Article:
But although the focus is on Russia, they know couture is a global industry. When the label buys fabrics in Britain, or Italy or France, "each fabric is made and dyed for us", says Burimskiy, pointing out a jacquard designed by the studio - a dark emerald velvet dyed in Britain for the brand.
Sergeenko's bags this season are particularly whimsical. Some are inspired by round drums with an intricate floral embroidery of a pomegranate tree and decorated with tassels. There are crocheted totes with sheepskin, a reference to traditional bags from the countryside. And the super-playful chicken clutches with feathers come from the movies of the late Armenian artist-filmmaker Sergei Parajanov. "He would always have a lot of artworks, all done with irony," Sergeenko says.
The bags were complicated to make. The feathers were done in France, the stones in Italy, another part in Lebanon and the interior made in Russia. When finished, no more than three bags will be made from the same design.
Other outfits look like embroidered patterns on a plain background, but on closer inspection, the texture is made of tiny hand-embroidered stitches. It's this painstaking detail that would have been lost in a regular fashion show.
The printed floral motifs look naive, but close up you see hidden depth. The entire line is again "very, very feminine", Burimskiy says. High-waisted flared trouser suits and jumpsuits (particularly in black and red) and cinch-waisted jackets and feathered capes were stunning. With its bold colours and dramatic handiwork, this is no label for the wishy washy. Hourglass silhouettes with flared skirts, voluminous billowing skirts with bell-like architectural constructions and exaggerated hips make sure of that. Traditional costumes are reworked into modern couture for a global audience of very wealthy women.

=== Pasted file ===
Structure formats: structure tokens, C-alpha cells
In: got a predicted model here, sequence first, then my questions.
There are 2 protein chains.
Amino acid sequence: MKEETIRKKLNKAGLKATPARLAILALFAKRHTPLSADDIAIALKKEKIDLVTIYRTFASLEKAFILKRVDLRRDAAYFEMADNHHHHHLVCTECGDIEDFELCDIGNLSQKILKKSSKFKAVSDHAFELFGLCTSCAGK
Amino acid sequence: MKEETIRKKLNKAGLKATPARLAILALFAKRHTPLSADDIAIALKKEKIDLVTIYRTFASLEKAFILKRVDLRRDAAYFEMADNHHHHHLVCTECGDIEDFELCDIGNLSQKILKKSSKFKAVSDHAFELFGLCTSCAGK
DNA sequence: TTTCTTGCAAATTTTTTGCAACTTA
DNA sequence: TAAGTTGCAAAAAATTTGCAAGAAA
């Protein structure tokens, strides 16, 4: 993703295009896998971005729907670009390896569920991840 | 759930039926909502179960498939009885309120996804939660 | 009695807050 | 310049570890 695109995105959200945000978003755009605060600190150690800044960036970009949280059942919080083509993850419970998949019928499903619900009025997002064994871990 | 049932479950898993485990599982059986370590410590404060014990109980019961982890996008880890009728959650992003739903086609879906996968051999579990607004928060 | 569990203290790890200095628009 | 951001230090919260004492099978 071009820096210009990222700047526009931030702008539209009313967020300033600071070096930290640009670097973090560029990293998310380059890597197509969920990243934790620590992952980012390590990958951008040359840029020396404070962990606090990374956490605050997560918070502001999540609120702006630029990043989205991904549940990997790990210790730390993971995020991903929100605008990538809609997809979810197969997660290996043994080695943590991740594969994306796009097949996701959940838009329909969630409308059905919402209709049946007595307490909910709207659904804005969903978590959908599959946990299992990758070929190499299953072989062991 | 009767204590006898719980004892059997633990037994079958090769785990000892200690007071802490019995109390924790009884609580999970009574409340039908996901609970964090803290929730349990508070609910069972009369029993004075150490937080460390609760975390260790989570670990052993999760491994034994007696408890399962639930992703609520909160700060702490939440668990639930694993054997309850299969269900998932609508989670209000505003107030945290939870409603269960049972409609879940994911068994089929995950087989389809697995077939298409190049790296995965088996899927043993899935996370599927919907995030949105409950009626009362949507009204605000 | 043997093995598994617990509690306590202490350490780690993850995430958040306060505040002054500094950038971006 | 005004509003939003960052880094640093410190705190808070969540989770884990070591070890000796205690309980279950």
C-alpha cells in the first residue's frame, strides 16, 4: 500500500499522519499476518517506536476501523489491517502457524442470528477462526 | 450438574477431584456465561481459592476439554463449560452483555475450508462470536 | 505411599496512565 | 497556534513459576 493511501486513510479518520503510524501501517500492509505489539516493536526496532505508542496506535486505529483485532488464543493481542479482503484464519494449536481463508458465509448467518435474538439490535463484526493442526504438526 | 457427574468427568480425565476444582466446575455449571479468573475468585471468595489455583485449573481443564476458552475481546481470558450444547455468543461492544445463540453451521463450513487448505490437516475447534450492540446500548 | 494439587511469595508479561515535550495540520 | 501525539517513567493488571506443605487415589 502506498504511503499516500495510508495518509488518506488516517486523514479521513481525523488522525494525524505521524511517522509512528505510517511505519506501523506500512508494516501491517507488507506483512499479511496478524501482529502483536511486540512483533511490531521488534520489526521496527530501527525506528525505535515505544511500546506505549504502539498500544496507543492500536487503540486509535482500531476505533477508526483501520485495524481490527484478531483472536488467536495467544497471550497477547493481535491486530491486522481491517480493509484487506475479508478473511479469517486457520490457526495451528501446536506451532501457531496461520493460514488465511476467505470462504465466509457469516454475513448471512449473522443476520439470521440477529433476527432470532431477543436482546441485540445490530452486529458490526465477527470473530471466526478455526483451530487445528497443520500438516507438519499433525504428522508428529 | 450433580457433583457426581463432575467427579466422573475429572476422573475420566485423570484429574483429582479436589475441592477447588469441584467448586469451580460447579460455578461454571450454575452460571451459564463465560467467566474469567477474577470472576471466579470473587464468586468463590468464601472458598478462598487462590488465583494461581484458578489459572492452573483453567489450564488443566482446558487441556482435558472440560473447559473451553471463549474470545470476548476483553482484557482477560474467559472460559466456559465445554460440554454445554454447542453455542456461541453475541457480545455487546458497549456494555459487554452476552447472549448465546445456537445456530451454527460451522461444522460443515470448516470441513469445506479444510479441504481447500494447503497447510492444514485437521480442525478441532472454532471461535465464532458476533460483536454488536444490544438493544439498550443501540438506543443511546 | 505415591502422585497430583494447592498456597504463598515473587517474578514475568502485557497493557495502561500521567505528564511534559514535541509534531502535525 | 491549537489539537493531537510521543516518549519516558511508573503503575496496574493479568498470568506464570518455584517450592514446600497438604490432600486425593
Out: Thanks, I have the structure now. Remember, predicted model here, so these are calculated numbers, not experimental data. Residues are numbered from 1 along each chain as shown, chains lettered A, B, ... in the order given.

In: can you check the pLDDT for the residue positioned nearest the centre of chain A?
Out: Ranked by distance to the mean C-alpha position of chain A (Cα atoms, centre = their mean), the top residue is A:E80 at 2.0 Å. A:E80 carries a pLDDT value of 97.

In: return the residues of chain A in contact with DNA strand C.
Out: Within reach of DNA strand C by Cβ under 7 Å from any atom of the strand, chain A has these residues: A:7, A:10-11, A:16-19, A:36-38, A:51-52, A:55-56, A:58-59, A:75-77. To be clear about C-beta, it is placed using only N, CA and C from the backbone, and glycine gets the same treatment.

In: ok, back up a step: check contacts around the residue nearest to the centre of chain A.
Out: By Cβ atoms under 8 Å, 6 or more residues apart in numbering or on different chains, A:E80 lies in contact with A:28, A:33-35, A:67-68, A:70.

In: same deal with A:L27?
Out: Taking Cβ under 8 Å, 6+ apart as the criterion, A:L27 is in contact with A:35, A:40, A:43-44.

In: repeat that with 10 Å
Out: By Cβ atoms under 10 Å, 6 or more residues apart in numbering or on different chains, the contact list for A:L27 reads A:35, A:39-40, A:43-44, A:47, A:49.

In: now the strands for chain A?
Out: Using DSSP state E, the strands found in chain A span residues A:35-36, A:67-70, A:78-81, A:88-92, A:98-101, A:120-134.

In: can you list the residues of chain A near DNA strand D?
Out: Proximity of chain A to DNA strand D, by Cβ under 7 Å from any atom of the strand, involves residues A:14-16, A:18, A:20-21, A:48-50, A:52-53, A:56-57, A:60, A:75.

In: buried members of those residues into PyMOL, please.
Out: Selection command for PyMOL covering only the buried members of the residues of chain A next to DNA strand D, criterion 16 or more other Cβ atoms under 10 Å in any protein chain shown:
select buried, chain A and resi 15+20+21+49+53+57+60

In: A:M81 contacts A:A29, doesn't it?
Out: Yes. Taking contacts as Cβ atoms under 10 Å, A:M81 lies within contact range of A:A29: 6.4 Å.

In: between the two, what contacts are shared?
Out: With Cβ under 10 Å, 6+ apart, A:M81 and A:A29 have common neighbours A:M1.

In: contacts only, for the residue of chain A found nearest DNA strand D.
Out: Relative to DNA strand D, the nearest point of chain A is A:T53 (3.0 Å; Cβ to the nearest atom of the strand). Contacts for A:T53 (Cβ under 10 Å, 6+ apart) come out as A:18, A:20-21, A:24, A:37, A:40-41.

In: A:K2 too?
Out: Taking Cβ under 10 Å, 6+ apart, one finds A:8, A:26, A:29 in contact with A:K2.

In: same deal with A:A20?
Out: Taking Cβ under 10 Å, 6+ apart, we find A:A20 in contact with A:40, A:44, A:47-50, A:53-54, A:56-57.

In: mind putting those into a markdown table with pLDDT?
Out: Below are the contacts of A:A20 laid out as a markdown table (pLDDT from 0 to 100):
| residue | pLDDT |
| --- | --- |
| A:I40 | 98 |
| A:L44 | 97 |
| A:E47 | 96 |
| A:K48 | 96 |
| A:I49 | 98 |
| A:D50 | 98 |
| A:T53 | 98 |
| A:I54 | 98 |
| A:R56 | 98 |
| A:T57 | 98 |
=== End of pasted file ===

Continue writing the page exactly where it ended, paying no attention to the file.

"We have to think of the clients first of all," says Sergeenko, adding that many of them have been "with us from the beginning."
About half of their clients are from Russia, with 10 per cent each from Asia, Europe and the US. Although the label is young, it has already had a lot of exposure for its couture - there is no ready-to-wear yet. Part of the fascination has been the product, and another part is the almost fairy-tale quality of Sergeenko's image and persona. Dita Von Teese and Russian philanthropist Natalia Vodianova are supporters.
"We have had huge support from China for the past few seasons, even though I've never been there," Sergeenko says.
Burimskiy adds: "With couture, we don't really have stores as such, so we measure success in a different way. But having people like Fan Bingbing and Zhang Ziyi supporting us, it's just great. It's just the beginning."
The East-West mix rooted in Russia and the ex-Soviet states - Sergeenko was born in Kazakhstan - makes the brand unique. She and Burimskiy say they loved seeing a Miao minority embroidery exhibit from China.
"That's what we want to do because, as a brand, we are East and West and we love both," he says. "Western glamour with oriental textures or an oriental approach … It's always a mixture of those, but in a very different way."